In 2002, Outside magazine published a story about the imminent drowning of the South Pacific island nation of Tuvalu. The story’s headline, “Tuvalu Toodle-oo,” drew on the expectation that Tuvalu would soon sink beneath the rising seas of global warming. “And guess what?” the story’s introduction informed its readers. “It’s your fault.”
Dozens, if not hundreds, of similar stories, broadcasts, films and books have appeared since then, almost all with doom-laden titles and headlines. They contemplate with grim fascination the disappearance of low-lying atoll archipelagos like Tuvalu, while blaming the high-carbon lifestyles of the West for, as Outside put it, “the obliteration of an ancient, peaceful civilisation halfway around the world.”
Well, guess what again? According to a report published in February 2018 in the scientific journal Nature Communications by three researchers in the University of Auckland’s School of Environment, Tuvalu isn’t sinking, or even shrinking—it’s expanding.
Tuvalu is the fourth smallest country in the world. It has a land area of just 26 kilometres squared (about a tenth the size of Wellington) spread across nine atolls that occupy a swathe of ocean five times the size of New Zealand.
Over the past four decades, sea level in Tuvalu’s part of the Pacific has been rising at a rate of 3.90±0.4 mm per year, roughly twice the global average. Despite a cumulative sea-level rise of 15 centimetres since 1971, an analysis of all 101 islands in Tuvalu’s atoll chain by coastal geomorphologist Paul Kench and colleagues Murray Ford and Susan Owen has found that Tuvalu’s land area has actually increased by 2.9% (74 hectares).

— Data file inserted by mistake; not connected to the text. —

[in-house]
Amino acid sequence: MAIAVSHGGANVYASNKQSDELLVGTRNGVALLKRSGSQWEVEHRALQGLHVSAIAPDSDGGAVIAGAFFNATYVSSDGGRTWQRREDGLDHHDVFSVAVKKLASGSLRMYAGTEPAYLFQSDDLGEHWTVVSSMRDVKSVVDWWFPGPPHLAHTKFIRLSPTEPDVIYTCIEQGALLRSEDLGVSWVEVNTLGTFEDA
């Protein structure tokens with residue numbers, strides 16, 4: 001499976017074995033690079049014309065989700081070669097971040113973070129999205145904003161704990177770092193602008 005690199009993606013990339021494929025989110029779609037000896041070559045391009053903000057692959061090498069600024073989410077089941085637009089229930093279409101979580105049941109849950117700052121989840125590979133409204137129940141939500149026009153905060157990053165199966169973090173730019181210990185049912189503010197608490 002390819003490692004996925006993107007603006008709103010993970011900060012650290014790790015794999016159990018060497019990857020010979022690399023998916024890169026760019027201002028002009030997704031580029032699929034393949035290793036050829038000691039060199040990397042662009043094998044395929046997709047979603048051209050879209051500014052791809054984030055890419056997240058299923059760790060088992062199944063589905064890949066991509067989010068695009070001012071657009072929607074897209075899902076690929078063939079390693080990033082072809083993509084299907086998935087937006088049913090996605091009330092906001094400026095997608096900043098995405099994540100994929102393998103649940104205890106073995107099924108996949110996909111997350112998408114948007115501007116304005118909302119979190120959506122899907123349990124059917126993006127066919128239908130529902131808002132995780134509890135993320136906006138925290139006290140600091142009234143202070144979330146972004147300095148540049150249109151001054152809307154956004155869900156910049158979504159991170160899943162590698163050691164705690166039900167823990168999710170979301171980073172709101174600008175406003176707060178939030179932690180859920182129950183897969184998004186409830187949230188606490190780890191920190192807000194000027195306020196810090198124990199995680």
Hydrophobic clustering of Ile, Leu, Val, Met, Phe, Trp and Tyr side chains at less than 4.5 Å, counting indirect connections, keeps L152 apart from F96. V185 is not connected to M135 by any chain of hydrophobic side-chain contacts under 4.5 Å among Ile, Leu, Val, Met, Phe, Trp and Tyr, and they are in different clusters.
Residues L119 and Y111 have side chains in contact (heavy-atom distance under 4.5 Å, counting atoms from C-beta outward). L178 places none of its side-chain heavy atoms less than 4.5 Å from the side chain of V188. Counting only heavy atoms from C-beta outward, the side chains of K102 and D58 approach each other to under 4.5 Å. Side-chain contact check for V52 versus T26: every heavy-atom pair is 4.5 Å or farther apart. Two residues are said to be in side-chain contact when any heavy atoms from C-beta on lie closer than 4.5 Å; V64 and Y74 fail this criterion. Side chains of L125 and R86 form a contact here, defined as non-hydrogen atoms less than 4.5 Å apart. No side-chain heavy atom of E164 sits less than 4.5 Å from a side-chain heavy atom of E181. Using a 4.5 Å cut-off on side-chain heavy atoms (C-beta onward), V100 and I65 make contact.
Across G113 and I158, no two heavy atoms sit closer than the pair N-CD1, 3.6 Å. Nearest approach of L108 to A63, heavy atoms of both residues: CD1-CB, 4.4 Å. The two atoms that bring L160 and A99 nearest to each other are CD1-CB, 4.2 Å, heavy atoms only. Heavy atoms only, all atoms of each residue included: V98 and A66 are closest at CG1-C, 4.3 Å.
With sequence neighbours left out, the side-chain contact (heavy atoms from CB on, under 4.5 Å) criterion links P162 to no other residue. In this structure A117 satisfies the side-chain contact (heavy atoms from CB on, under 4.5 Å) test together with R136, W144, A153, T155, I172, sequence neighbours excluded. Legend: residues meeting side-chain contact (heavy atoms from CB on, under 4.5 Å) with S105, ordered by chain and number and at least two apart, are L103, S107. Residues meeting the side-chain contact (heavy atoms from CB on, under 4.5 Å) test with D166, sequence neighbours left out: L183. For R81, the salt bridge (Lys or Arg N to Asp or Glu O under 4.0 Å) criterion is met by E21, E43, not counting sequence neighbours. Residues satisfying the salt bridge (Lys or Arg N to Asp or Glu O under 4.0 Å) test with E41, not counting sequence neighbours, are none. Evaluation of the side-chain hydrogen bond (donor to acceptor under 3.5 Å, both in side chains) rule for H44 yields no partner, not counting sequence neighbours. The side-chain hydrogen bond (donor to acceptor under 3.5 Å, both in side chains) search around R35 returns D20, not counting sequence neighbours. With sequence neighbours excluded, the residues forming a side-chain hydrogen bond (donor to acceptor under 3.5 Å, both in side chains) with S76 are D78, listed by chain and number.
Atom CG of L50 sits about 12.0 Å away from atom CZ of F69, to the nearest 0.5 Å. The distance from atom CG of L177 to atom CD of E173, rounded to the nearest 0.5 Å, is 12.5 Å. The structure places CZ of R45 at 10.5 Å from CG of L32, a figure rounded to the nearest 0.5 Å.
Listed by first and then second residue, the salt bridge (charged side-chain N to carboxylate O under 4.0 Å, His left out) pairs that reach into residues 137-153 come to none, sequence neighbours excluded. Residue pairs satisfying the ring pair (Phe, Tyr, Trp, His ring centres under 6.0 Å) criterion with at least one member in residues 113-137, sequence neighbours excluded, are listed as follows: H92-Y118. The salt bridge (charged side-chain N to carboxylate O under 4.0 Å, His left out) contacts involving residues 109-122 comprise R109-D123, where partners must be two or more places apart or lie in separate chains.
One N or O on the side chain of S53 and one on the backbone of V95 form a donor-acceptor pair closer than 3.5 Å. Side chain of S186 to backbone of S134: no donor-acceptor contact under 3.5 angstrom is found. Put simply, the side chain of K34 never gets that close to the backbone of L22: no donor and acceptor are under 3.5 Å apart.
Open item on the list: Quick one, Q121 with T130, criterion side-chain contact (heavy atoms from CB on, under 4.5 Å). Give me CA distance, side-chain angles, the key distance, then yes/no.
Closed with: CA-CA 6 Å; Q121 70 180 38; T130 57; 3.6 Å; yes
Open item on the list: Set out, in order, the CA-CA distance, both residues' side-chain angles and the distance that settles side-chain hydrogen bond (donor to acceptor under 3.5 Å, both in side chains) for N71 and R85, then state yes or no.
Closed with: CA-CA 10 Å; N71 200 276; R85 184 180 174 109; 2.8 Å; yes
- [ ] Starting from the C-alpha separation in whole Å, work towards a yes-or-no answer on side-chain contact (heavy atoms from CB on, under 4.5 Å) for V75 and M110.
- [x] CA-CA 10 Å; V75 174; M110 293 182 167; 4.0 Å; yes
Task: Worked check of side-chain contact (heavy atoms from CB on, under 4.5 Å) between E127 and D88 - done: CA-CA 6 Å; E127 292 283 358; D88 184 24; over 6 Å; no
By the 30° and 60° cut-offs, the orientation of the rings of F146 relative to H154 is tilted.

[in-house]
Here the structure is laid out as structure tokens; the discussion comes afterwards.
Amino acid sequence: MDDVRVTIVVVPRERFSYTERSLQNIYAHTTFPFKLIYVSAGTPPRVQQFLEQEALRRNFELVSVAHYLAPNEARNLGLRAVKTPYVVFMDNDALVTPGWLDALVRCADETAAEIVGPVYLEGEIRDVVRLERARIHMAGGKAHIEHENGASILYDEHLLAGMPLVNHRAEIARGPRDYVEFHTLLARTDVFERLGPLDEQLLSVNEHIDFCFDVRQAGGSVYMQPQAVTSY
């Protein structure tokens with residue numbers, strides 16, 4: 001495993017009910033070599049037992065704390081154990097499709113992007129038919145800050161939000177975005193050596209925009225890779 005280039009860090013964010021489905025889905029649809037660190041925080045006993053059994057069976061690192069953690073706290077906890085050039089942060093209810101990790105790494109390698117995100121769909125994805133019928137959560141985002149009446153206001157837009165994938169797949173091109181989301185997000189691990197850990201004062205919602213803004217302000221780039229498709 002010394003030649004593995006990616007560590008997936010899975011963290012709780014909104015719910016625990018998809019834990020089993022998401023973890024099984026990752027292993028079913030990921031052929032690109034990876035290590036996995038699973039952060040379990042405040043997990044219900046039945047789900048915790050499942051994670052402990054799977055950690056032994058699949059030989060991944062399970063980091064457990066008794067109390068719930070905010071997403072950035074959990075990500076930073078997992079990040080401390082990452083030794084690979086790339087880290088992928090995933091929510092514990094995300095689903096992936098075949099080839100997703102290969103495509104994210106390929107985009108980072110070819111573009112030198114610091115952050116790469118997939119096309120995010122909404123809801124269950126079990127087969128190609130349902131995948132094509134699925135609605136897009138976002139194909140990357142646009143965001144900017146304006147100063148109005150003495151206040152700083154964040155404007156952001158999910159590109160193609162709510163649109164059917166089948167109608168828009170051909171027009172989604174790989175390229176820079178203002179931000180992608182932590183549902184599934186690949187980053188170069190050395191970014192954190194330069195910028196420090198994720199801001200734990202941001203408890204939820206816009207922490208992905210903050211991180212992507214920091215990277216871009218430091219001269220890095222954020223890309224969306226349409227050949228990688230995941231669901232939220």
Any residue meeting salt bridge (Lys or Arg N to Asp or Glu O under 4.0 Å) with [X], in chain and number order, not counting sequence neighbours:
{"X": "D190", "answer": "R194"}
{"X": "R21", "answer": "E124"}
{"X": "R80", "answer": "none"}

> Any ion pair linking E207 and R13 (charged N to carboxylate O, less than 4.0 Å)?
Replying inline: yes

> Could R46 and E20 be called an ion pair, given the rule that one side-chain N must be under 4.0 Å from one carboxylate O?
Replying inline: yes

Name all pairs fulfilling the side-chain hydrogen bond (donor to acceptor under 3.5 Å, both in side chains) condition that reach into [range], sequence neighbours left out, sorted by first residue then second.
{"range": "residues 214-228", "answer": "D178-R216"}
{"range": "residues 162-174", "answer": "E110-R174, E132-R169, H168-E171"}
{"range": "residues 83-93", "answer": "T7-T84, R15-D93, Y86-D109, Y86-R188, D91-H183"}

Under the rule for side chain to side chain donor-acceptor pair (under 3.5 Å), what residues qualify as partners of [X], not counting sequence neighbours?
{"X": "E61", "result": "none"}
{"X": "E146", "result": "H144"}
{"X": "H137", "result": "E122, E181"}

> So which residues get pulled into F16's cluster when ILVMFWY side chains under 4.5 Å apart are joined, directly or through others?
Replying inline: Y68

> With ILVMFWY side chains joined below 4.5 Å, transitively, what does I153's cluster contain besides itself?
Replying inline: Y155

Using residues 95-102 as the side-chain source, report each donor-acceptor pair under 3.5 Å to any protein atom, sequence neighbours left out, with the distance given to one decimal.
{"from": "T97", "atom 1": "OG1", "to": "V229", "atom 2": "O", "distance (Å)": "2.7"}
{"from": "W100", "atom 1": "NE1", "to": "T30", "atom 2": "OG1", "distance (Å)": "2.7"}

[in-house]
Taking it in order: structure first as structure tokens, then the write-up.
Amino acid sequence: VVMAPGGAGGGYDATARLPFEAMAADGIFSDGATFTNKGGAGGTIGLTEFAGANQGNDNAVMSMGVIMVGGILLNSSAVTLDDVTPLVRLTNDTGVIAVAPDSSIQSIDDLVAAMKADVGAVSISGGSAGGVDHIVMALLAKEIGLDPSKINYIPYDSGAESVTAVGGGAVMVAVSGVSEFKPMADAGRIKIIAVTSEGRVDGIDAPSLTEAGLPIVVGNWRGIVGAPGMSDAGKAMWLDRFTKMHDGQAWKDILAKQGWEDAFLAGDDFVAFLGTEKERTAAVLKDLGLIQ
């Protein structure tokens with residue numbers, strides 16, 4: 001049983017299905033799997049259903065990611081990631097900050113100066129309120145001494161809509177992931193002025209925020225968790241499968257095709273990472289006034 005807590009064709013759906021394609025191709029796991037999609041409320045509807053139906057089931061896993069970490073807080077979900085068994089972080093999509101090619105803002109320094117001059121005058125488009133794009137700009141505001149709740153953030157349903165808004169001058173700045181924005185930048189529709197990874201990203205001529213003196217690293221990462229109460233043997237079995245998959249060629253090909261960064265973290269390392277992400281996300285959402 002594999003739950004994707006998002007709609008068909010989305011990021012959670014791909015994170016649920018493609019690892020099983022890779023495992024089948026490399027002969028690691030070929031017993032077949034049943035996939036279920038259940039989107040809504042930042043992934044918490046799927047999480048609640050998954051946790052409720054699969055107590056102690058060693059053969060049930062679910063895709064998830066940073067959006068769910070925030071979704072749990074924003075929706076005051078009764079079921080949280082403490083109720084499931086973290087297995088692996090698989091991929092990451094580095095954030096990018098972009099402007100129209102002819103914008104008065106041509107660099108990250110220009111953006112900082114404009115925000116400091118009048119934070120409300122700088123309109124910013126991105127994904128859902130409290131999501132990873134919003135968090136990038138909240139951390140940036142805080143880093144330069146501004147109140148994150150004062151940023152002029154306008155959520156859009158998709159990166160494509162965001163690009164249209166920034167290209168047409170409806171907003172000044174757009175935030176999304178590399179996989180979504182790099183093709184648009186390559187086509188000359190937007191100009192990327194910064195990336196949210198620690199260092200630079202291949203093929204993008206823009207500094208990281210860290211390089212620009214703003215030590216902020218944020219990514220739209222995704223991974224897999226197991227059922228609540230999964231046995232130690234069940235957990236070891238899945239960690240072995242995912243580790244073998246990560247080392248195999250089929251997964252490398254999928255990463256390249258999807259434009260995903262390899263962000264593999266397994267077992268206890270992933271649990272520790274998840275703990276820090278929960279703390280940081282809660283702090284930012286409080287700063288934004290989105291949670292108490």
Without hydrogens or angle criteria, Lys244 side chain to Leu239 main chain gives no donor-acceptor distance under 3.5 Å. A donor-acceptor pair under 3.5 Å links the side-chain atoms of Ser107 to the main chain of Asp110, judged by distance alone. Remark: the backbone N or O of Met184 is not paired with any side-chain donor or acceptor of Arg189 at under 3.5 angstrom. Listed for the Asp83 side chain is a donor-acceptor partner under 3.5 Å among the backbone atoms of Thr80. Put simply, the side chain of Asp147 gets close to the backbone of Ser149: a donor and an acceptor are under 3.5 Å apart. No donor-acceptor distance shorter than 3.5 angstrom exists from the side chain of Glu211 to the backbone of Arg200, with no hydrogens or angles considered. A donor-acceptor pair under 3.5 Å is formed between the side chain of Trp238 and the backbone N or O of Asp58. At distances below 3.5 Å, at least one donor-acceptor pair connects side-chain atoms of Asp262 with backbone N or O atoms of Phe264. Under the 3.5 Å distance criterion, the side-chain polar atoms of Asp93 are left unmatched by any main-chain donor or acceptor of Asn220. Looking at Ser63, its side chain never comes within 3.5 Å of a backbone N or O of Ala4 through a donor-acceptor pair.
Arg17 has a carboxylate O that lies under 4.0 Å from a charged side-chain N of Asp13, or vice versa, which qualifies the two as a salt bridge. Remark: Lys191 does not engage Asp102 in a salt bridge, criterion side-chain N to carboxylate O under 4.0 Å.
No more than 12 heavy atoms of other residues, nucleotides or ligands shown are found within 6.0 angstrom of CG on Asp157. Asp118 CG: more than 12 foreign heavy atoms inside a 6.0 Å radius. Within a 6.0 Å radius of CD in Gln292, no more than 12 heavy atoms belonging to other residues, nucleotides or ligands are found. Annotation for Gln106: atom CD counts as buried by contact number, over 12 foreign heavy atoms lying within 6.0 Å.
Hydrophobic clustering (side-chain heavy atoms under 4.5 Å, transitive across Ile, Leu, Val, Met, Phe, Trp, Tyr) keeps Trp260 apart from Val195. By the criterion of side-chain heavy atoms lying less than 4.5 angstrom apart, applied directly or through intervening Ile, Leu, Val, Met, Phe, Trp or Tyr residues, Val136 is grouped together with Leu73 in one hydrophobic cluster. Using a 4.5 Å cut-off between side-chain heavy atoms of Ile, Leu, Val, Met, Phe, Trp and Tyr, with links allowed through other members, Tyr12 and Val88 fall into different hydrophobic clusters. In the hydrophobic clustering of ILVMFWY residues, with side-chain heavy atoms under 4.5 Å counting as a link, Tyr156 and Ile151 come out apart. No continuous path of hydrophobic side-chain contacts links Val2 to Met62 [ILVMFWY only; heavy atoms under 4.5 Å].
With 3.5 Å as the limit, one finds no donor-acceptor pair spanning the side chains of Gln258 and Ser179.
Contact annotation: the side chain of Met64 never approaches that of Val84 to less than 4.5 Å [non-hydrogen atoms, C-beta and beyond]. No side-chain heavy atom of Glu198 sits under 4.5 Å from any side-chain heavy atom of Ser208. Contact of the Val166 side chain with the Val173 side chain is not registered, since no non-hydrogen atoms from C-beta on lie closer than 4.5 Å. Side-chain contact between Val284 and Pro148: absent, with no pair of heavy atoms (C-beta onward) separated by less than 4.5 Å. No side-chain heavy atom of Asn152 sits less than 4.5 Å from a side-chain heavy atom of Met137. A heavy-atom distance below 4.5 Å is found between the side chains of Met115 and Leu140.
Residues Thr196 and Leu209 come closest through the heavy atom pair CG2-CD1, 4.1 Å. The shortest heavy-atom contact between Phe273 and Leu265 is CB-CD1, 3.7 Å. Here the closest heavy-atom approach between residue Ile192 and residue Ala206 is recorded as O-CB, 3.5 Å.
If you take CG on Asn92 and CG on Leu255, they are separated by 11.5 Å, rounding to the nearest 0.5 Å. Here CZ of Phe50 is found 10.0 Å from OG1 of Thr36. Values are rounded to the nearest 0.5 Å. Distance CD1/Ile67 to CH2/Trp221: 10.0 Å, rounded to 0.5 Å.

The researchers used data from aerial photographs and satellite imaging gathered over the same 40-year time period, and measured shoreline change across 19,403 transects of Tuvalu’s reef islands. All the islands showed physical change. Three-quarters of them were found to have expanded, with one more than doubling in size. The rest decreased in size.
Expansion was most pronounced in medium-sized and large islands on the exposed windward side of atolls. Such islands are built from coarse sediments that are typically deposited on reef platforms by storm-driven waves. Shrinkage was greatest in small sand islands on the leeward side of atolls. Only one of the 101 islands disappeared.
The study’s results challenge the widely accepted belief that low-lying islands will be submerged as sea level rises. That view, say the authors, has “normalised island loss and undermined robust and sustainable adaptive planning in small island nations.”
Not only that, it has focused adaptation efforts on ramping up island defences such as reclamations and seawalls. These responses are costly and often maladaptive. They divert scarce resources from other social needs while attempting to provide coastal protection in areas where it is unlikely to provide long-term benefit.
Perhaps the most damaging effect of the drowning-islands rhetoric is that it has conditioned atoll islanders to think of themselves as climate victims doomed to lose their islands to rising seas, and, in the worst-case scenario, to become stateless refugees. Recognition that their land will not disappear gives island dwellers hope and incentive to draw on their traditional traits of resilience, adaptability and skill in continuing to inhabit the islands they call home. It should also motivate governments and aid agencies to focus less on engineering interventions and more on a strategic approach to multi-atoll development.
“We don’t say this will be easy,” Kench told me from his current research location on the Maldives. “There are big hurdles to overcome in terms of land tenure and other social factors. Also, aid agencies love doing engineering projects. But we think the future lies in shifting infrastructure to one or more decentralised sites, rather than trying to defend the line on a single island.”
To be sure, the future habitability of atoll islands is more than a matter of land to build on. There will be other stresses to face, such as increasing soil salinity, salt-water intrusion into aquifers and damaging weather events such as droughts and cyclones.
But on the evidence from Tuvalu, this is no time to be saying “toodle-oo”.